ACT Reading vs. SAT verbal

<p>If someone scores low on the Verbal in the SATs but rather high in the Reading section of the ACTs, could this somehow "replace" the verbal in a way? Not literally, but maybe adcoms will see this and think that the student's verbal abilities aren't necessary that bad?</p>

<p>If I was an admissions officer and saw that type of scenario, I would think that the applicant is capable of reading and comprehending what he or she reads, but may be somewhat lacking in vocabulary. That is simply my personal opinion so take it for what it's worth. I would recommend that you post this same message in the SAT & ACT section if you haven't already. You might be able to get more responses there. Good luck!</p>

<p>I might also think the person lacks inferential skills, considering ACT reading is just fact regurgitation whereas SAT verbal is more tone/inferential/contextual clues.</p>

<p>I have taken the SAT once in sophomore year and got a 690 verbal, I'm taking it again next week in the November date. I took the ACT a few months after the SAT and got a 34 reading and 34 English. I took the September test date this year and got a 36 English and 34 reading again... So, to me at least, the ACT was easier and I need to bump up the SAT because I think it's more highly regarded. Hopefully, my score will be 750+. So, I don't think it will replace it. Just try hard, and if you are a Junior, take the new one without those pesky analogies.</p>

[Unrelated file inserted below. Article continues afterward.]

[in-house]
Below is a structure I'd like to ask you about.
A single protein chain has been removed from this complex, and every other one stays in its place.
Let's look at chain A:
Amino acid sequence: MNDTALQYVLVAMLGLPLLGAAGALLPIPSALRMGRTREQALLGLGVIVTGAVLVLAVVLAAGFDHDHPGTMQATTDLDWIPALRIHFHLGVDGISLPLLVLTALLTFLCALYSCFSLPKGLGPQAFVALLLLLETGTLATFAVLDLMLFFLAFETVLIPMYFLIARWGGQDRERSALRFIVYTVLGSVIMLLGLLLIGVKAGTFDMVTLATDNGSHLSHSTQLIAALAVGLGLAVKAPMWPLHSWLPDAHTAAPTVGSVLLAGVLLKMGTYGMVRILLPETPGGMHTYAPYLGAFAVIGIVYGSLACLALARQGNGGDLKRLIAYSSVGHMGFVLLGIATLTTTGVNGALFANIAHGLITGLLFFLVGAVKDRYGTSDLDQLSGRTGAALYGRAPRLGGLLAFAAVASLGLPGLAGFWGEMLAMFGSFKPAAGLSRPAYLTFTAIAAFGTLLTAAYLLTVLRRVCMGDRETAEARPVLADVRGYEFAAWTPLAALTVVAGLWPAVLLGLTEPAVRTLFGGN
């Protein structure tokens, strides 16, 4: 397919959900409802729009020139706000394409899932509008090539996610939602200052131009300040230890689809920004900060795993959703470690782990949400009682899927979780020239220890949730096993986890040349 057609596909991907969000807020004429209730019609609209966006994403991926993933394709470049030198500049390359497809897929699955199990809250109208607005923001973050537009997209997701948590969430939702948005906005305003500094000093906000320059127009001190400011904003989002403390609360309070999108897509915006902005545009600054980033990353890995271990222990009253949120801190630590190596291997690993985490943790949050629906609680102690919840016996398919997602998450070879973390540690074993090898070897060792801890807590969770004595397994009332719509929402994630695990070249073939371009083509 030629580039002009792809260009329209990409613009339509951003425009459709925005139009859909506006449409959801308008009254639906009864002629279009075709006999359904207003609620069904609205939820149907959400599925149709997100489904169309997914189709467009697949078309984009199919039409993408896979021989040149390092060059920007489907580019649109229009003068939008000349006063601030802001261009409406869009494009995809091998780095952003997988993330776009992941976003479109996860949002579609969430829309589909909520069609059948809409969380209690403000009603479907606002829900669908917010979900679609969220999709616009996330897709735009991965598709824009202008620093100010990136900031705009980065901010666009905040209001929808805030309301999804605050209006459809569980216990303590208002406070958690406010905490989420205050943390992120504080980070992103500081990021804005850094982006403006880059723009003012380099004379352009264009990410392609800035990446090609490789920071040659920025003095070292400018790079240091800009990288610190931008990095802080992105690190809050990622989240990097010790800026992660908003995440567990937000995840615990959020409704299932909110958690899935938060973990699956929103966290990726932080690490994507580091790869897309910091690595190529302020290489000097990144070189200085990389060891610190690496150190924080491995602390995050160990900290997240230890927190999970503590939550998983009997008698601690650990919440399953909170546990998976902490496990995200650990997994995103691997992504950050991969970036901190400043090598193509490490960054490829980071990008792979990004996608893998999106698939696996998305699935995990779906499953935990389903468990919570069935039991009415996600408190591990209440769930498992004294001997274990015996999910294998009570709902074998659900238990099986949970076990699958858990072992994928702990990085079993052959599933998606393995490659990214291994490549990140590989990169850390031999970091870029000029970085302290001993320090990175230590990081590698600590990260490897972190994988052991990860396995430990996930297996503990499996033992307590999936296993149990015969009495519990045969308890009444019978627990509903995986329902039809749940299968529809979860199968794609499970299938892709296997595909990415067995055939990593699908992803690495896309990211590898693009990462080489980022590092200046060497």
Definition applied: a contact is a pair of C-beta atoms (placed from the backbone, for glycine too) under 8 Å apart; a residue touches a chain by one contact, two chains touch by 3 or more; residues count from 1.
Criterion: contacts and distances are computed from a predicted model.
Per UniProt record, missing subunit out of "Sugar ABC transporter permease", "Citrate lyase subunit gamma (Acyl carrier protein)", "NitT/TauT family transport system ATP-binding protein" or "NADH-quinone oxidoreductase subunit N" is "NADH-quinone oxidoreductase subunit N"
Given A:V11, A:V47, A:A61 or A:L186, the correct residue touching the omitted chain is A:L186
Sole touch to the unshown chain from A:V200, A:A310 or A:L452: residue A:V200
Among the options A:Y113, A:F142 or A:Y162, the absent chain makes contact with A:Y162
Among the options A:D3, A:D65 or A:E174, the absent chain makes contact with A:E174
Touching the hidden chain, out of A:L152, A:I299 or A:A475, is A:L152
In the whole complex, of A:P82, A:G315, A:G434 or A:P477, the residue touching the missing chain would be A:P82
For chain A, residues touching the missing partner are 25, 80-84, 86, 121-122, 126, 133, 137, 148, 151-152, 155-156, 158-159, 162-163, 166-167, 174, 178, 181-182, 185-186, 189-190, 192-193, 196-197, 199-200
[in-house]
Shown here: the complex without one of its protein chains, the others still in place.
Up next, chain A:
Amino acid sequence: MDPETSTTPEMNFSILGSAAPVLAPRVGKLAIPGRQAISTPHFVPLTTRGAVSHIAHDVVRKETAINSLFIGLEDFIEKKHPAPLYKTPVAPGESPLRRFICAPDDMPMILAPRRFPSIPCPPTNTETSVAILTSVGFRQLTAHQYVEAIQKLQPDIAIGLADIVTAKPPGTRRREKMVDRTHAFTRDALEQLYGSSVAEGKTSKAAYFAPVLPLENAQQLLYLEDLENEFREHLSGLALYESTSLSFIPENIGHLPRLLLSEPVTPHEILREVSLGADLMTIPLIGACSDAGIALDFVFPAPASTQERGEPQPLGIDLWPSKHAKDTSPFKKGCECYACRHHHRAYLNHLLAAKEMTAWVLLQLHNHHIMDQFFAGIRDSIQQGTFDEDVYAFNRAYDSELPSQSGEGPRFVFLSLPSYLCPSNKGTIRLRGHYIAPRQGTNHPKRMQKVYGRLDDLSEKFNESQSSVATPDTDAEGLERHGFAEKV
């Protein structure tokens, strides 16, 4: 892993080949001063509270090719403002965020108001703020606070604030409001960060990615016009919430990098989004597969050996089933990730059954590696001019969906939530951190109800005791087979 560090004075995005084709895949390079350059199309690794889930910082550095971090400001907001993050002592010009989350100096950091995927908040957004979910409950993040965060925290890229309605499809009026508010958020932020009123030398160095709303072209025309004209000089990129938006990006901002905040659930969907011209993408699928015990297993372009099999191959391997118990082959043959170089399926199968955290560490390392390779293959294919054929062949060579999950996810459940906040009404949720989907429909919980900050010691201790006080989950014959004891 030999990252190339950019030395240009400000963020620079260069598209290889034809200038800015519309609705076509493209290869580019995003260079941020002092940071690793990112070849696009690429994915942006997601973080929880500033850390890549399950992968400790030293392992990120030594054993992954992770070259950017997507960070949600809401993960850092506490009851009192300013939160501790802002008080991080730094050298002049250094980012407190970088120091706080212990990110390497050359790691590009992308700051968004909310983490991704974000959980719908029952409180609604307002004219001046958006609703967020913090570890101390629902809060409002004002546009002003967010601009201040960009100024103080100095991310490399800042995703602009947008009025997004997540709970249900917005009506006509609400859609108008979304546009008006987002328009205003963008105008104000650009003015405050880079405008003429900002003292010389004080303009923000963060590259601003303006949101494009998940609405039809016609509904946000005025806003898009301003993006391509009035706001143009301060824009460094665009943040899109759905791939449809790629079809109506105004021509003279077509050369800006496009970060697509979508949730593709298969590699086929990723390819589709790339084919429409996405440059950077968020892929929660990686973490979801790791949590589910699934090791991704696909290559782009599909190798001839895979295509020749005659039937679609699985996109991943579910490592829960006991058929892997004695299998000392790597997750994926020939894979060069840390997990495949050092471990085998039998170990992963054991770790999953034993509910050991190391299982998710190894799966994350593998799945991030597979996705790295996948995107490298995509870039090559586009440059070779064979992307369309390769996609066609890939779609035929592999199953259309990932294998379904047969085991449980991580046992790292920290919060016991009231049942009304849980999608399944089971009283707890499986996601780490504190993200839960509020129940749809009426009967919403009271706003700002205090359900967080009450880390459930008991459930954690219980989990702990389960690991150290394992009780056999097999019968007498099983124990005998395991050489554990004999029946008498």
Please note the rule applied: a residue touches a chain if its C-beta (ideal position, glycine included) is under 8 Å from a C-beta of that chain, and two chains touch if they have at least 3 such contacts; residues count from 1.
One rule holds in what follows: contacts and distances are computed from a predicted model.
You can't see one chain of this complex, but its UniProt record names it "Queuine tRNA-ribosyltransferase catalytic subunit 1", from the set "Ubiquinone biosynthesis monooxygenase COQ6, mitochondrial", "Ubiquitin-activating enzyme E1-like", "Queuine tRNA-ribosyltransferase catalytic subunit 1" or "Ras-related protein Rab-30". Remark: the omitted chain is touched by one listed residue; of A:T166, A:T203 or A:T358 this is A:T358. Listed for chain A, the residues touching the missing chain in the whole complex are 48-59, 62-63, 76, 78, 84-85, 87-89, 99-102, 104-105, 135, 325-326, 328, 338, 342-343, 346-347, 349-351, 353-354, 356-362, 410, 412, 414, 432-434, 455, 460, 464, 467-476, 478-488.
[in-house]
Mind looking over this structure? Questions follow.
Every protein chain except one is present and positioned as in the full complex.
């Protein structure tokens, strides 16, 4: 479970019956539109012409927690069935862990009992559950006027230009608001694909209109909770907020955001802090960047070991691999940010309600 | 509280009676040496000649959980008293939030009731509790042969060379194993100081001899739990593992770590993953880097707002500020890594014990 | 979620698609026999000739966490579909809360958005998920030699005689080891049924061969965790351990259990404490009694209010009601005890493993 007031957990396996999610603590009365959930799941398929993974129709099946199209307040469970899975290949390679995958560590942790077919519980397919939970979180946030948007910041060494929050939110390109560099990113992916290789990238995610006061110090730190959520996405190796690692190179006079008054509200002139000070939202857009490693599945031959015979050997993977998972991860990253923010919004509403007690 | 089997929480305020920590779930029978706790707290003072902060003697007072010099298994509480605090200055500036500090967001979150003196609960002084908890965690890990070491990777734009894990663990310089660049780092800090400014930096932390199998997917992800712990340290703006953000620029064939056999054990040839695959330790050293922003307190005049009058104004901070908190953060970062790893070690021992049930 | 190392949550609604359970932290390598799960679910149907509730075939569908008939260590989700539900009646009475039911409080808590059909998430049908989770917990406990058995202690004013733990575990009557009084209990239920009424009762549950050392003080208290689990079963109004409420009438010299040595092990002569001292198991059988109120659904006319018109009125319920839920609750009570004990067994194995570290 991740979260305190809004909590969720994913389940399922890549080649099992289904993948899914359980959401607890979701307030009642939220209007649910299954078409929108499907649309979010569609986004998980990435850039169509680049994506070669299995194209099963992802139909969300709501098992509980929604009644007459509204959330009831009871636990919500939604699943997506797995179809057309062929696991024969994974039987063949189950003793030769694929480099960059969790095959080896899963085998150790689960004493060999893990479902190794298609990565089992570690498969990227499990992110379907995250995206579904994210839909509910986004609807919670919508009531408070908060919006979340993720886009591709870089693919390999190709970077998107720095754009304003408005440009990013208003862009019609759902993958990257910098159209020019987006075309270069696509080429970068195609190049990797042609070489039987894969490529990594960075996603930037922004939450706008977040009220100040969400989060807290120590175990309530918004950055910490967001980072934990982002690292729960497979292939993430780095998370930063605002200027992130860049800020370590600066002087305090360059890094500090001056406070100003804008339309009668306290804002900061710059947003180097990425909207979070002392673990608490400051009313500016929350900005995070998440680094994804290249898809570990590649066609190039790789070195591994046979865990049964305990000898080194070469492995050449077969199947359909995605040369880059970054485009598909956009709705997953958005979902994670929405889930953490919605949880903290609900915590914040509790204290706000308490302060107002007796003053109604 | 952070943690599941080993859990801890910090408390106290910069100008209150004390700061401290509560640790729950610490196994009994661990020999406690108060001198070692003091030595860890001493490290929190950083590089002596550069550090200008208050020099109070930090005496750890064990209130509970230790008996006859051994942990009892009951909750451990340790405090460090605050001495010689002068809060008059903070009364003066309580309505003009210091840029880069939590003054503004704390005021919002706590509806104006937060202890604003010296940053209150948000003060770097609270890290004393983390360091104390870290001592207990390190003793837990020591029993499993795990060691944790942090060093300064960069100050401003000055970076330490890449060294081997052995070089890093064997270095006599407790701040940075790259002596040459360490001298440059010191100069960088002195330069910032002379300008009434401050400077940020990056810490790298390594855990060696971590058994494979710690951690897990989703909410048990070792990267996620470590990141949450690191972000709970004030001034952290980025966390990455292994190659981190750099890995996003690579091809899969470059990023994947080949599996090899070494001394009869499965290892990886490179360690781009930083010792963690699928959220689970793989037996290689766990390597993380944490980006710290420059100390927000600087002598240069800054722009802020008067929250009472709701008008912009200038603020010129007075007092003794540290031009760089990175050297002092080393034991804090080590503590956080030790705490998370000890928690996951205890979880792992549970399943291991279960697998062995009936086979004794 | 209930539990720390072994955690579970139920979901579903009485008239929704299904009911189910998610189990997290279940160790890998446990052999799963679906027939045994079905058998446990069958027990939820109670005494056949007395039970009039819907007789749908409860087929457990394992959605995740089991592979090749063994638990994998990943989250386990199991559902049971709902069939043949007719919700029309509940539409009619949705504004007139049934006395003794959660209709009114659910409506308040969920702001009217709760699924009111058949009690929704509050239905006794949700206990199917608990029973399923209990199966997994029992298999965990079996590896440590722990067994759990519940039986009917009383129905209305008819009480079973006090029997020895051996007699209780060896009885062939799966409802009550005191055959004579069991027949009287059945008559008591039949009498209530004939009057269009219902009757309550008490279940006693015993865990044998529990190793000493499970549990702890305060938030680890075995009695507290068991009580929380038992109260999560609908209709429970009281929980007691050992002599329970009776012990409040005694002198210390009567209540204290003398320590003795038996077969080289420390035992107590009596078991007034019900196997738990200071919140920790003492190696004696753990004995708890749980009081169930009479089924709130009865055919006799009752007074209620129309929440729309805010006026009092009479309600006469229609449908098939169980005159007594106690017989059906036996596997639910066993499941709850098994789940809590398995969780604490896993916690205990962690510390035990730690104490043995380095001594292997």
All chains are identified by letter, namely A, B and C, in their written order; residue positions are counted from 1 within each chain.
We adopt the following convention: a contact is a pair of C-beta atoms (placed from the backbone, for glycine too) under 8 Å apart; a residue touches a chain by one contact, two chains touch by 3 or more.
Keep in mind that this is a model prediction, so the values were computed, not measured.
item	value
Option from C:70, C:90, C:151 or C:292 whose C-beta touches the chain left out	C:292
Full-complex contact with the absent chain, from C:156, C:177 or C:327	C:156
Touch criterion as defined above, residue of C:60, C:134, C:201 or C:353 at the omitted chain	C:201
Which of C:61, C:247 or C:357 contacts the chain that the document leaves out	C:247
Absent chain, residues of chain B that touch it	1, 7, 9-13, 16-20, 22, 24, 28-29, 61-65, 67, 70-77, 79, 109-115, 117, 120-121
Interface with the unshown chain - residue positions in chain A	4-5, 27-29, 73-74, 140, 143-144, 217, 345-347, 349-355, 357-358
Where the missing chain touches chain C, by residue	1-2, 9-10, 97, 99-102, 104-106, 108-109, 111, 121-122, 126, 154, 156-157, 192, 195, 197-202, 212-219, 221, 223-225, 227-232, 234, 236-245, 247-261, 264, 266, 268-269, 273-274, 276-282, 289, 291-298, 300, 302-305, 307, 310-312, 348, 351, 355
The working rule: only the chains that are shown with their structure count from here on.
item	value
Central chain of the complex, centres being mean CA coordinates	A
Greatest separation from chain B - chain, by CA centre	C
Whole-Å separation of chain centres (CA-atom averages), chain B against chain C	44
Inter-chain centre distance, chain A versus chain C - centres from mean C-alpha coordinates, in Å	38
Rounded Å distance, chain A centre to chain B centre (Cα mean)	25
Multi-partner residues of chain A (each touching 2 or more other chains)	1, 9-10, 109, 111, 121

<p>I would highly recommend studying vocab flash cards for the SAT Verbal. I took the SAT 1 twice and the first time I got a 650 on Verbal. Two days before the second testing, I sat down in a cafe for two hours and went through a few hundred flash cards (Kaplan, Princeton Review) and my verbal score increased by 100 points. That was all that I did to study. </p>

<p>I know they say that the best way to better your vocabulary is by reading - this is true. But if you're in a time crunch and have a good short term memory, flash cards are the way to go, especially the "Hit Parade" (words that often appear on the SAT). About 10 words out of the few hundred that I studied showed up on the test, which is A LOT. It was a major help for Sentence Completions and Analogies (which won't really apply for the New SAT). </p>

<p>Good luck.</p>